Thoughts on Valuation

and the intelligence of the market and why valuation still matters...

In recent years, there is a general disregard for the art/science of valuation.

Everyone is looking for growth/compounders and valuation had became an afterthought.

While I agree that valuation can be an afterthought if there is predictable quality growth which could be forecasted into the next 10 years, valuation become increasingly important when the

  • country does not have a long history of capitalism or public market

  • industry economics is not easily forecastable or industry competition is not benign

  • company business model is not new/innovative but the margin remain indeterminate

I had belatedly got into the Property Management (PM) space in China in May this year despite PM being one of the hottest/highest valued sector in China.

Instead of going for the recognisable names, I had chose to buy the cheapest play in that market which also happens to be one of the smallest company.

The theory is that either this company will trade up (it is valued at 5-7x PE) or the rest of the sector will trade down (from 25 - 30x PE). In the event that M&A starts to happen, I believe that the smallest firm will be taken out first. I believe that the odds are in my favour or at least I did not plan on losing much money.

When PM firms started trading down en masses during the crackdown in gaming in China, I even tweeted out how ludicrous the situation is…

"The supposedly crackdown on property management companies (PMC) in China is the head scratcher here. I could not see what the PMC are doing wrongly. CCP may force property developers to relinquish control which is most likely the precursor for more M&A."

-Ong Wee Hiang on Twitter on 27th July 2021

The market is often smarter than that/me.

The news of the impending collapse of China Evergrande Group came and I think I knew why the PM company rerated down heavily then slowly for the past 2 months.

It is often during such time that I am reminded that when an industry or a company starts selling down without any news on the mainstream media, it is often news that is travelling through the grapevine that is working its effect on the share price.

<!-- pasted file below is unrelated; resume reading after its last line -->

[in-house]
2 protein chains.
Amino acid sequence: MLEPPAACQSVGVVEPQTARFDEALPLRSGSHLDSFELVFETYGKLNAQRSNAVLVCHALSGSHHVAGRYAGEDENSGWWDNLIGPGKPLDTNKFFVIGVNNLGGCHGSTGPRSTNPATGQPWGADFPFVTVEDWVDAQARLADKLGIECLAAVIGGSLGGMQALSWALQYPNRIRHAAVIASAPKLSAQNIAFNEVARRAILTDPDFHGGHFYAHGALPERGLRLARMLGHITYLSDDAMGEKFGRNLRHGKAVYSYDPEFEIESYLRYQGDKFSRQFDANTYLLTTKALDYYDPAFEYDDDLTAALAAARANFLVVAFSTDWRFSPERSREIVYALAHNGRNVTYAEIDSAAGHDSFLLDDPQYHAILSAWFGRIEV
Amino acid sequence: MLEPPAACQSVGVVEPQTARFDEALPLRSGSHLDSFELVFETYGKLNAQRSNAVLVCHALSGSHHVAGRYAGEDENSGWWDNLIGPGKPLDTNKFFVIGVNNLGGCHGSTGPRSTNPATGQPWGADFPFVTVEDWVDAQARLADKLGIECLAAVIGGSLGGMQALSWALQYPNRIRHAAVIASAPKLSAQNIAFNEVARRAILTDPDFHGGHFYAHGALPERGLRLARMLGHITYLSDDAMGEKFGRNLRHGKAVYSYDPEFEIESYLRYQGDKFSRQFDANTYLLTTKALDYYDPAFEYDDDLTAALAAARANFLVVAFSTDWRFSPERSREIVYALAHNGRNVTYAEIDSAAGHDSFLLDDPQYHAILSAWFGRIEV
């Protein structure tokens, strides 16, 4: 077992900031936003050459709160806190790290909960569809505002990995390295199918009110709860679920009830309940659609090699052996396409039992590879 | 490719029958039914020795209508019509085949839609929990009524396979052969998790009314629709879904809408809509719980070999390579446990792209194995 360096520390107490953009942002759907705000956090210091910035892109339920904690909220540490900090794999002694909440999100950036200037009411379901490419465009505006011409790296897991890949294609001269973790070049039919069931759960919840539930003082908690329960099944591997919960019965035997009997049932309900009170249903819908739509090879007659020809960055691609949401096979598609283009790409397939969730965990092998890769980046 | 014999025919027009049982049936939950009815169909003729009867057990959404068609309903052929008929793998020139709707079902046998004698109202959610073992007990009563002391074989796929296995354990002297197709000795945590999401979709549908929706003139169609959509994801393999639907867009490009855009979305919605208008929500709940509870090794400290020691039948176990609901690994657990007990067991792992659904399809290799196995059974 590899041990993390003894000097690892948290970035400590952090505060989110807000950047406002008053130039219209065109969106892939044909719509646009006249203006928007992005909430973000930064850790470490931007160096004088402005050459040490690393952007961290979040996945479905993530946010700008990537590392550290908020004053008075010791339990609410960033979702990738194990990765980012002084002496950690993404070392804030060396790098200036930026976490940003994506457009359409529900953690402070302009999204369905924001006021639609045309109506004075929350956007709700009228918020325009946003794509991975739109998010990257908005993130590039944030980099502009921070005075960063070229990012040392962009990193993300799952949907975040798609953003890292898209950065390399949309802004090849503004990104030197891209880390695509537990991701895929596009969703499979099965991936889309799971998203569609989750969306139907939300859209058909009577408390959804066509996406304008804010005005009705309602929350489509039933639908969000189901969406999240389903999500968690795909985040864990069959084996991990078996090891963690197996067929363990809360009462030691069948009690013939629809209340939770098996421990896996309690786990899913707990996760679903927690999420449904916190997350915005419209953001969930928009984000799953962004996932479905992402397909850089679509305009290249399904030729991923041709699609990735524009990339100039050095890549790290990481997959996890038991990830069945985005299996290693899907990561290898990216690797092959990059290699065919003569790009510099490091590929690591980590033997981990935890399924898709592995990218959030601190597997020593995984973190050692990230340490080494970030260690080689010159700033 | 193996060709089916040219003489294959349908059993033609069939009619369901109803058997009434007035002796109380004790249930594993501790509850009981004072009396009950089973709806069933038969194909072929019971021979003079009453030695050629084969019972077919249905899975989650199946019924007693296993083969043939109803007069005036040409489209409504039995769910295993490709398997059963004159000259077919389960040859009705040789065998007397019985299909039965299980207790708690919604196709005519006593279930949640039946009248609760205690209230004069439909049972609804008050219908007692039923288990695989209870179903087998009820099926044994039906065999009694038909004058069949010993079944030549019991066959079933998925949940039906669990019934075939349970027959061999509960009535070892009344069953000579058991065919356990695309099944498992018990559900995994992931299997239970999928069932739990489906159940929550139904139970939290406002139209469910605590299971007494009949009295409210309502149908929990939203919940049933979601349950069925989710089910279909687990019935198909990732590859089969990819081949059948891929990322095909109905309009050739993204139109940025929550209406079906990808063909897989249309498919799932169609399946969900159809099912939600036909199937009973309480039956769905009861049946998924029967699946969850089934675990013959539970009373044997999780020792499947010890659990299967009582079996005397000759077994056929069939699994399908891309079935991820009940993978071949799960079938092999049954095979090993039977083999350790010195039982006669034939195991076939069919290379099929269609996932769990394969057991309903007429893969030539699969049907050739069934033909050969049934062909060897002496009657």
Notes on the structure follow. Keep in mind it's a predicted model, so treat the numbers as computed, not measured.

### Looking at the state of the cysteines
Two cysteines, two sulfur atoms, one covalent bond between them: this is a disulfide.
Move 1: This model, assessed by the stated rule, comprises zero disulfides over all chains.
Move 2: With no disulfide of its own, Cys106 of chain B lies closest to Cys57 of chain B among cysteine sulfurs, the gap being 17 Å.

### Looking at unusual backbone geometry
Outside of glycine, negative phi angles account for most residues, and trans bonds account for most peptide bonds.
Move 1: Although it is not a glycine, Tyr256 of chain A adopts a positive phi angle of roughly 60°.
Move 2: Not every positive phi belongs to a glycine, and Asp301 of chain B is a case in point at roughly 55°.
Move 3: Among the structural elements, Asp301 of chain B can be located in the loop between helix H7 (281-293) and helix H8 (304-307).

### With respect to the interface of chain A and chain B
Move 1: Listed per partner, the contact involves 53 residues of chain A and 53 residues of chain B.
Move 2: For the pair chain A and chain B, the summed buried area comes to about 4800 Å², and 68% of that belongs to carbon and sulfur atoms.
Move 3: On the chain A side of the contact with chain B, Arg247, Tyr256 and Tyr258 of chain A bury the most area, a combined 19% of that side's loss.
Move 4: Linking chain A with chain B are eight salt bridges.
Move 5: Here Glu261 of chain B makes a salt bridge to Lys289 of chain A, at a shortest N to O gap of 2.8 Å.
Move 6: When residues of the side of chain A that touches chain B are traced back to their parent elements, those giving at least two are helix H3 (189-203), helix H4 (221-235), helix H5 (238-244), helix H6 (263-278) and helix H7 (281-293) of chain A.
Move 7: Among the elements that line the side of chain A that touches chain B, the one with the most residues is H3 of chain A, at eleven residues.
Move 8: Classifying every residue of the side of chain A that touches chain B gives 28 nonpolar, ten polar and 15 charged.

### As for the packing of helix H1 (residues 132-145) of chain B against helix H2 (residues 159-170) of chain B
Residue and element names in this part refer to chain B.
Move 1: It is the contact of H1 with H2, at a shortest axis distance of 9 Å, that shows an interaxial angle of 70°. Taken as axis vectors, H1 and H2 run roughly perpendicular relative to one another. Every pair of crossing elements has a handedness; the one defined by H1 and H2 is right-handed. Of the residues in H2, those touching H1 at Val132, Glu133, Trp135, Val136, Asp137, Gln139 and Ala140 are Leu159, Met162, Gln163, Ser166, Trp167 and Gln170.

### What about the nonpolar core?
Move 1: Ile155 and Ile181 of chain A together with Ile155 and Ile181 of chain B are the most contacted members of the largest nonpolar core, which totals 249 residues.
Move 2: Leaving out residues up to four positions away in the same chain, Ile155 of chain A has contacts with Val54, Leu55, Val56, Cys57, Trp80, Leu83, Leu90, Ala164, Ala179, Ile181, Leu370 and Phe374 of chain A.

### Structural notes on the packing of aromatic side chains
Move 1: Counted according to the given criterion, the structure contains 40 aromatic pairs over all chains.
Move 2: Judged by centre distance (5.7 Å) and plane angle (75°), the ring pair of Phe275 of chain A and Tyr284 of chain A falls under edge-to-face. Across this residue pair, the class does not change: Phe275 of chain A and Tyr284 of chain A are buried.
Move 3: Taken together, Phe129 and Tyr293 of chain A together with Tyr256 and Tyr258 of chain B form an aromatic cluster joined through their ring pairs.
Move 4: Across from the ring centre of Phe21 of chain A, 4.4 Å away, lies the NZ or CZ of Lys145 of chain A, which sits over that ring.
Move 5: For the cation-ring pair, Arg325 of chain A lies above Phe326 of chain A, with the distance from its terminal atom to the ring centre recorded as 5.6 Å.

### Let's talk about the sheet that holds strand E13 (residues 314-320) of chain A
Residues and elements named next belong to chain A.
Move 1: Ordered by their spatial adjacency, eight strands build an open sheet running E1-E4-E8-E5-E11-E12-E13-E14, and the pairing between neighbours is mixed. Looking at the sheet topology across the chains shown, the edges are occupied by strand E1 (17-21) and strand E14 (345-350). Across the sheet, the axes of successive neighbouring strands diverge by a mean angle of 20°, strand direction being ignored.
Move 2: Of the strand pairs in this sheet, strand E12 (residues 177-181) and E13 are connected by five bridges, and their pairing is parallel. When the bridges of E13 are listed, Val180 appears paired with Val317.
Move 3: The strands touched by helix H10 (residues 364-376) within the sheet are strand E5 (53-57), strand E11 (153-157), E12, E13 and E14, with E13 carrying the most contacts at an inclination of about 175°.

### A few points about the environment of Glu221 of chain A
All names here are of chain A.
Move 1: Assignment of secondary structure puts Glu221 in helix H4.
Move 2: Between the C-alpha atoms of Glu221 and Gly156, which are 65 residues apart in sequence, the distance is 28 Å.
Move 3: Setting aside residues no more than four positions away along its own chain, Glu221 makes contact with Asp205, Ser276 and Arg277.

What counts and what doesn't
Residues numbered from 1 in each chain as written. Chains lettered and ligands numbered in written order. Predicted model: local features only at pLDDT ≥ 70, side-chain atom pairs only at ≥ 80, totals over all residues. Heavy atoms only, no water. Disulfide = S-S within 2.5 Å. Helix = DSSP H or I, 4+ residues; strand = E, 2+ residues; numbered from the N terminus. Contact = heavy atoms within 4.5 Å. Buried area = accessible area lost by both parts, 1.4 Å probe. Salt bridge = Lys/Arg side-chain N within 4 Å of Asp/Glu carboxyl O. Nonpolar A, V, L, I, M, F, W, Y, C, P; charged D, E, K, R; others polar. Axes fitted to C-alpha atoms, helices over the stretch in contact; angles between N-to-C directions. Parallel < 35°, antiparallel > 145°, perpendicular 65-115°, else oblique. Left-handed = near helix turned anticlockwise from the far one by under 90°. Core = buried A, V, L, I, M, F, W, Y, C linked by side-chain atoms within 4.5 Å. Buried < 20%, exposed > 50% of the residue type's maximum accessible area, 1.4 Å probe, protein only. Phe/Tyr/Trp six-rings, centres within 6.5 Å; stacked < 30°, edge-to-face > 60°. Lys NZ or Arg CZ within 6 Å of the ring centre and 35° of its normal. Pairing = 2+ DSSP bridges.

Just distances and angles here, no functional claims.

The market is indefinitely more well inform than an individual working on a laptop on a little island nation.

I am the patsy here…

Going back to the idea of valuation. If I had been betting that the whole sector would continue to rerate higher or stay high, my position would have been seriously hurt.

There is two mitigating factor here.

First, this was taken as a bet (to differentiate what is a bet, trade and investment).

Second, I had bought the cheapest company in the PM space.

Thus, I am spared from a severe absolute decline due to the small position sizing as well as the relative rate of decline (instead of going from PE of 40x to 20x, the stock went from PE of 6x to 5x).

It is during this moment in time that valuation becomes critical.

At 6x PE, a 50% drop would make it a 3x PE. This would make the company a bargain for value investor. A drop of 50% from 40x to 20x may only make a company looks relatively overvalued to a growth investor when the whole industry outlook is dimming.

This is more or less the whole list of PM firms in China. As a sector, they are averaging around 20% - 40% growth per year through organic and M&A efforts. At PE of 10x - 15x, a lot of them would look really attractive (if the growth is real or sustainable).

As a list, majority of them has continue to trade down from a high PE valuation (>20x).

But some had traded up on this day and it all happens to be all the PM firms which are trading on the lower end of the PE range (<10x).

This is the day when the market tells you that the value investors are working their way into the PM sector as there are bargains to be bought…

Yes, I bought one of the company in the green.

And, yes I am a lucky patsy.

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